Large Format File ResolutionLarge Format File Resolution

08 Apr
Posted Thu, 04/08/2010 - 11:49
Just how big do my files need to be for large format printing?

It depends on the substrate for your final output and viewing distance. A building graphic or a vehicle graphic does not require the same resolution as a retail banner. In any case you'll probably be surprised at just how low a resolution you can get away with.

Design with vector

You should design with vector art when ever possible. Vector files are infinitely scalable without sacrificing image quality. Obviously this isn't always possible, so if your design requires the use of images here are some resolution guidelines.

Vehicle Wraps, Building Graphics and Window Perf

Most laminated large format applications require the least amount of pixels. Start your design by taking accurate measurements for your project. Add at least five inches of bleed to all sides. (Your printer can mask some of the bleed out if it's not needed. It's always best to provide too much bleed than none at all.) Now take your total size with bleed and divide by four. This gives you a working file size at quarter scale. The resolution needed at this file size for this application is 150 dpi. Make sure to let your printer know the scale factor of your file so they can scale it at the RIP. The image quality will be excellent as long as you started with good quality images.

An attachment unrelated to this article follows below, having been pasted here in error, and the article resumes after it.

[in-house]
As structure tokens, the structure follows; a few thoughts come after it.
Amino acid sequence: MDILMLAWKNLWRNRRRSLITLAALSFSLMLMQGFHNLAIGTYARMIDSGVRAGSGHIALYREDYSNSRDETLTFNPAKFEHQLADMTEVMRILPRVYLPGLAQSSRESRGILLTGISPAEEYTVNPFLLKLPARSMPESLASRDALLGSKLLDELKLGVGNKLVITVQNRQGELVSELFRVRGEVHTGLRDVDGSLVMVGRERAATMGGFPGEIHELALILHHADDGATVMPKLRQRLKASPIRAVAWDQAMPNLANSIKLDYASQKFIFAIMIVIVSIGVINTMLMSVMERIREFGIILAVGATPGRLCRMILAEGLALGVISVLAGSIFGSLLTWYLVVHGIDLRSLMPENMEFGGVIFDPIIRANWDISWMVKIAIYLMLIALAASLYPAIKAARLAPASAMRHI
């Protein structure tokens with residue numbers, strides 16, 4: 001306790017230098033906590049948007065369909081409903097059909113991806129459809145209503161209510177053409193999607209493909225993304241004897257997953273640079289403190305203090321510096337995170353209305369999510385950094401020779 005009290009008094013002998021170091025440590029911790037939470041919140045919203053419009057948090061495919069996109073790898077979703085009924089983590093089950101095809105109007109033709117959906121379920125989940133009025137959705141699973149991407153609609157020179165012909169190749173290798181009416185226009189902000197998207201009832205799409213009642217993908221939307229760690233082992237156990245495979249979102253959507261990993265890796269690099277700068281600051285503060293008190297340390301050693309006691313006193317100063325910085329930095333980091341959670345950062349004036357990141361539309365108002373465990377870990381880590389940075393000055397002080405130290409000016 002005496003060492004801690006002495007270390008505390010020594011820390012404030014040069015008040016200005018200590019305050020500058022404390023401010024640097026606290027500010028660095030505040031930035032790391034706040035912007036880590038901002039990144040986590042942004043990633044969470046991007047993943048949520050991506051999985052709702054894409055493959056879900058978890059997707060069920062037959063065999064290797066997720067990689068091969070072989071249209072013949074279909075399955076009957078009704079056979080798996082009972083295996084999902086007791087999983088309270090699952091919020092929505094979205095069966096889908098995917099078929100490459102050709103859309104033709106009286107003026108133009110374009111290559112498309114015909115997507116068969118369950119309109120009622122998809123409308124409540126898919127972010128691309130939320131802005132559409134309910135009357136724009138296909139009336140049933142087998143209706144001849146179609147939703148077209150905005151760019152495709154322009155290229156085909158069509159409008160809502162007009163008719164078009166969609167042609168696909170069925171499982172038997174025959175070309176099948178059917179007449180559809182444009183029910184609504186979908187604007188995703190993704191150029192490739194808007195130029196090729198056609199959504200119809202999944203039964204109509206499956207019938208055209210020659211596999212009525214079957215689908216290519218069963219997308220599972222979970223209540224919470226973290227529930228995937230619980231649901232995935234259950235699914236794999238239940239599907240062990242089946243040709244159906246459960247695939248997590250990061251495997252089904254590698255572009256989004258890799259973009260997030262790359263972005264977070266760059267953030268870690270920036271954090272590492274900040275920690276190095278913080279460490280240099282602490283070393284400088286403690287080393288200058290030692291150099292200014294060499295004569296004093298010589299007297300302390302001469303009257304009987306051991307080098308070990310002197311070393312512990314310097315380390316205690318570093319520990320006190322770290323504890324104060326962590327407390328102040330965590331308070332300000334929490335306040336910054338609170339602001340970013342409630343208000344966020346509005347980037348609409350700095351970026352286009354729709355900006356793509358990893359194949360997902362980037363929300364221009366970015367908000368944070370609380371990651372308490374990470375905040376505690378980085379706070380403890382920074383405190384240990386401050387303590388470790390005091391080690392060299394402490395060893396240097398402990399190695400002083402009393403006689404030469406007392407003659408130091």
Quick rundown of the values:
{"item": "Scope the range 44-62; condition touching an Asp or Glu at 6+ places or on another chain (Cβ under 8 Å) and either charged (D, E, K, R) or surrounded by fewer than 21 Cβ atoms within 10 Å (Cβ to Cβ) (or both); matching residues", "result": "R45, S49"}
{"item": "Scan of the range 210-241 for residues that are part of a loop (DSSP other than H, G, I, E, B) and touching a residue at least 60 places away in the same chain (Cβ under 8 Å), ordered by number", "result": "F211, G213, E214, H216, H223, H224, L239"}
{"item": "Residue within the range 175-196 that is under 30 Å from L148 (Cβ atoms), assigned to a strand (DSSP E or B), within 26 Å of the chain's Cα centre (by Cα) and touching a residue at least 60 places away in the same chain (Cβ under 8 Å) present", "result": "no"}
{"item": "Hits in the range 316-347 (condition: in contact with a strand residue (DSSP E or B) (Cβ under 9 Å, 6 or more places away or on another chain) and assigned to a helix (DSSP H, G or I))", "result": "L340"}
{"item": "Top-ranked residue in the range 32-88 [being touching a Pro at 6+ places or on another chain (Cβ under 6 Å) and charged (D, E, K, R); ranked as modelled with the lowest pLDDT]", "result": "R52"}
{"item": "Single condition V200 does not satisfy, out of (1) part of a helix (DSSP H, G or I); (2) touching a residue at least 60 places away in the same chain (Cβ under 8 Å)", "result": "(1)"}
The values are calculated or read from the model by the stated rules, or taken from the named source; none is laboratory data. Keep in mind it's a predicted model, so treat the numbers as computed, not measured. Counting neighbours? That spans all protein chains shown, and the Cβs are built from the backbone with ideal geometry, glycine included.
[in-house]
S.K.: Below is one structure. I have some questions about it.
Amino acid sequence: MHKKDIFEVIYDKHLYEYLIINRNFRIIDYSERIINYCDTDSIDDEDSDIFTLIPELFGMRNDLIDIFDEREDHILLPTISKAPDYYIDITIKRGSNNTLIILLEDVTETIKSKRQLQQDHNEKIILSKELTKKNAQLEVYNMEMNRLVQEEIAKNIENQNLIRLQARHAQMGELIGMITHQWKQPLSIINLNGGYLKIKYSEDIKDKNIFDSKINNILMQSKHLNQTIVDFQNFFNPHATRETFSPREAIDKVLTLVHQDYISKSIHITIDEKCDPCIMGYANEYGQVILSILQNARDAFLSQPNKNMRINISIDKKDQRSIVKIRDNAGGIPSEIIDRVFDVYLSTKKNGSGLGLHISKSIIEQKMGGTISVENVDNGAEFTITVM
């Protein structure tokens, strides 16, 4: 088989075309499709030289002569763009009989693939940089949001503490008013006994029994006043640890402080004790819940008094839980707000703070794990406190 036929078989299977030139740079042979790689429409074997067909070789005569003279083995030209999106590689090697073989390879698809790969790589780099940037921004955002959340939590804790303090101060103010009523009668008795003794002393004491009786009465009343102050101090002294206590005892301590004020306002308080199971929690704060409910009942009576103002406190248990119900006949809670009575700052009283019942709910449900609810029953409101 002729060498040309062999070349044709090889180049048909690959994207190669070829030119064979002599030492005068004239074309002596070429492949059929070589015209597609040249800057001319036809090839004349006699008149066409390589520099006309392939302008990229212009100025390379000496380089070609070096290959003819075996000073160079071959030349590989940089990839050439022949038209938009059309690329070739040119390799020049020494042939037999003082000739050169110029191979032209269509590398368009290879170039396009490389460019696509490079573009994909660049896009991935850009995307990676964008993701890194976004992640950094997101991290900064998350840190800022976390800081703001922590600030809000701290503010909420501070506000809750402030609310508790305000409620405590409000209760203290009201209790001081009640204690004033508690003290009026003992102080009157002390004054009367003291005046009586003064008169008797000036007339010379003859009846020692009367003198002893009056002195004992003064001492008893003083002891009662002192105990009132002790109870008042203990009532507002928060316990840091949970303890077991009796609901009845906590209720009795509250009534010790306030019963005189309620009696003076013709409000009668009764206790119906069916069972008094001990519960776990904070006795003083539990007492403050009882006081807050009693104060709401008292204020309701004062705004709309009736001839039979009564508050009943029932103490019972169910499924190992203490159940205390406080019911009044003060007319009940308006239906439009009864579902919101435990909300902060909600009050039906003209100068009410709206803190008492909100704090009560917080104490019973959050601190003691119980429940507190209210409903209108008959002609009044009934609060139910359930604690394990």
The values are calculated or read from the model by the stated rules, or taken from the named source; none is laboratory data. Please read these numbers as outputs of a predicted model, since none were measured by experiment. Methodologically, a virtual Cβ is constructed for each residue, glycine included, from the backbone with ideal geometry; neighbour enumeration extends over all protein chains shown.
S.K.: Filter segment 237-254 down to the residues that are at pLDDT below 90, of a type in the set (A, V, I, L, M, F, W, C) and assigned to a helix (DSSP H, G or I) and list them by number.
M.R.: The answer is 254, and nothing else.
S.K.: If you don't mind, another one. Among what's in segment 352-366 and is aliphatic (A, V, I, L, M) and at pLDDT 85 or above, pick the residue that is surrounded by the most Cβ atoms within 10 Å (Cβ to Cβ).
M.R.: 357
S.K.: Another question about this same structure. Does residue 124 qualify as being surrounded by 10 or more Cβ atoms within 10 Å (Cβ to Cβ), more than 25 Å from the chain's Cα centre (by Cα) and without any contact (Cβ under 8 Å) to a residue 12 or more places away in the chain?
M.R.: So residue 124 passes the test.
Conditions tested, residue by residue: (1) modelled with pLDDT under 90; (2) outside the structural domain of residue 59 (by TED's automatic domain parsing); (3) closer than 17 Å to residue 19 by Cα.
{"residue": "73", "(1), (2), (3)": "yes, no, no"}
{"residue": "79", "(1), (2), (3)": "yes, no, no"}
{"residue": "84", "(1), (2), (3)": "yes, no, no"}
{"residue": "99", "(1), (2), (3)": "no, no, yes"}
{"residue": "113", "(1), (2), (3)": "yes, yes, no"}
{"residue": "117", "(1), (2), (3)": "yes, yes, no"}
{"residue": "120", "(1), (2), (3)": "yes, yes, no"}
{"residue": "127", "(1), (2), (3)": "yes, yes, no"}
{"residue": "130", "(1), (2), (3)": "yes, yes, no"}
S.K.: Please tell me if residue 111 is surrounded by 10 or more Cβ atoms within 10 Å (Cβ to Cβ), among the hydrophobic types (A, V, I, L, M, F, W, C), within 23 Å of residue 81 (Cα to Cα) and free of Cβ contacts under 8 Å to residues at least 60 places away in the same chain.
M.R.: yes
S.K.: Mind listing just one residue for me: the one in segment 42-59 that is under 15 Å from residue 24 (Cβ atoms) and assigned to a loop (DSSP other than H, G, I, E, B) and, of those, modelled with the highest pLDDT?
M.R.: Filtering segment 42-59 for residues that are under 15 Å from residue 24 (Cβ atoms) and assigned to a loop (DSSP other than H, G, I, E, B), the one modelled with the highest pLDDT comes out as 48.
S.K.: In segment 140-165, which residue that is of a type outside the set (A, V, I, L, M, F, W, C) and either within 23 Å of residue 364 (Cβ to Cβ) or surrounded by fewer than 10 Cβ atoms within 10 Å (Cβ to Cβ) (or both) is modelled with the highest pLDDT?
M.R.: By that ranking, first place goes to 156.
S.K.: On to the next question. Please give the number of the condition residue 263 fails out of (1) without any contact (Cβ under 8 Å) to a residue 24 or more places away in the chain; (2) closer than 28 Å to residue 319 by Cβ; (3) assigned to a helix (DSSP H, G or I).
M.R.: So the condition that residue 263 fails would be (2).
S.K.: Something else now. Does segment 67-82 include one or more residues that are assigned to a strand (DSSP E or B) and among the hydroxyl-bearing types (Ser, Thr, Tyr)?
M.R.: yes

Example

40 foot trailer side graphic
trailer side measures at 370" x 89"
add bleed for a final print size of 380" x 99"
quarter scale file size is 95" x 24.75"
resolution 150 dpi

Laying out your design

Create a new photoshop document at the quarter scale size with a resolution of 150 dpi. Open any images used in your design. Drag each image into your new document. You will know right away if the image resolution is big enough. Combine all of your images and effects to your new Photoshop document. The completed photoshop design can then be linked to illustrator where you can set type and place logos or other vector art elements.

Guidelines for other large format applications.

Dye-sub to fabric - over 8 feet
25% print file size
200 dpi

Dye-sub to fabric - smaller sizes
100% Print file size
150dpi

Direct digital print to fabric
25% print file size
200 dpi

Direct Digital to Vinyl Banner Material - over 8 feet
25% print file size
200 dpi

Dye-sub to fabric - smaller sizes
100% Print file size
150dpi

Working with too much file resolution is just as costly as having too little resolution. Large files slow your work down, take longer to transfer or burn to disk and slow your printer down as well. Sometimes really large files will fail at the RIP, costing everyone time and money. Follow these resolution guidelines for excellent output results and managble working file sizes.

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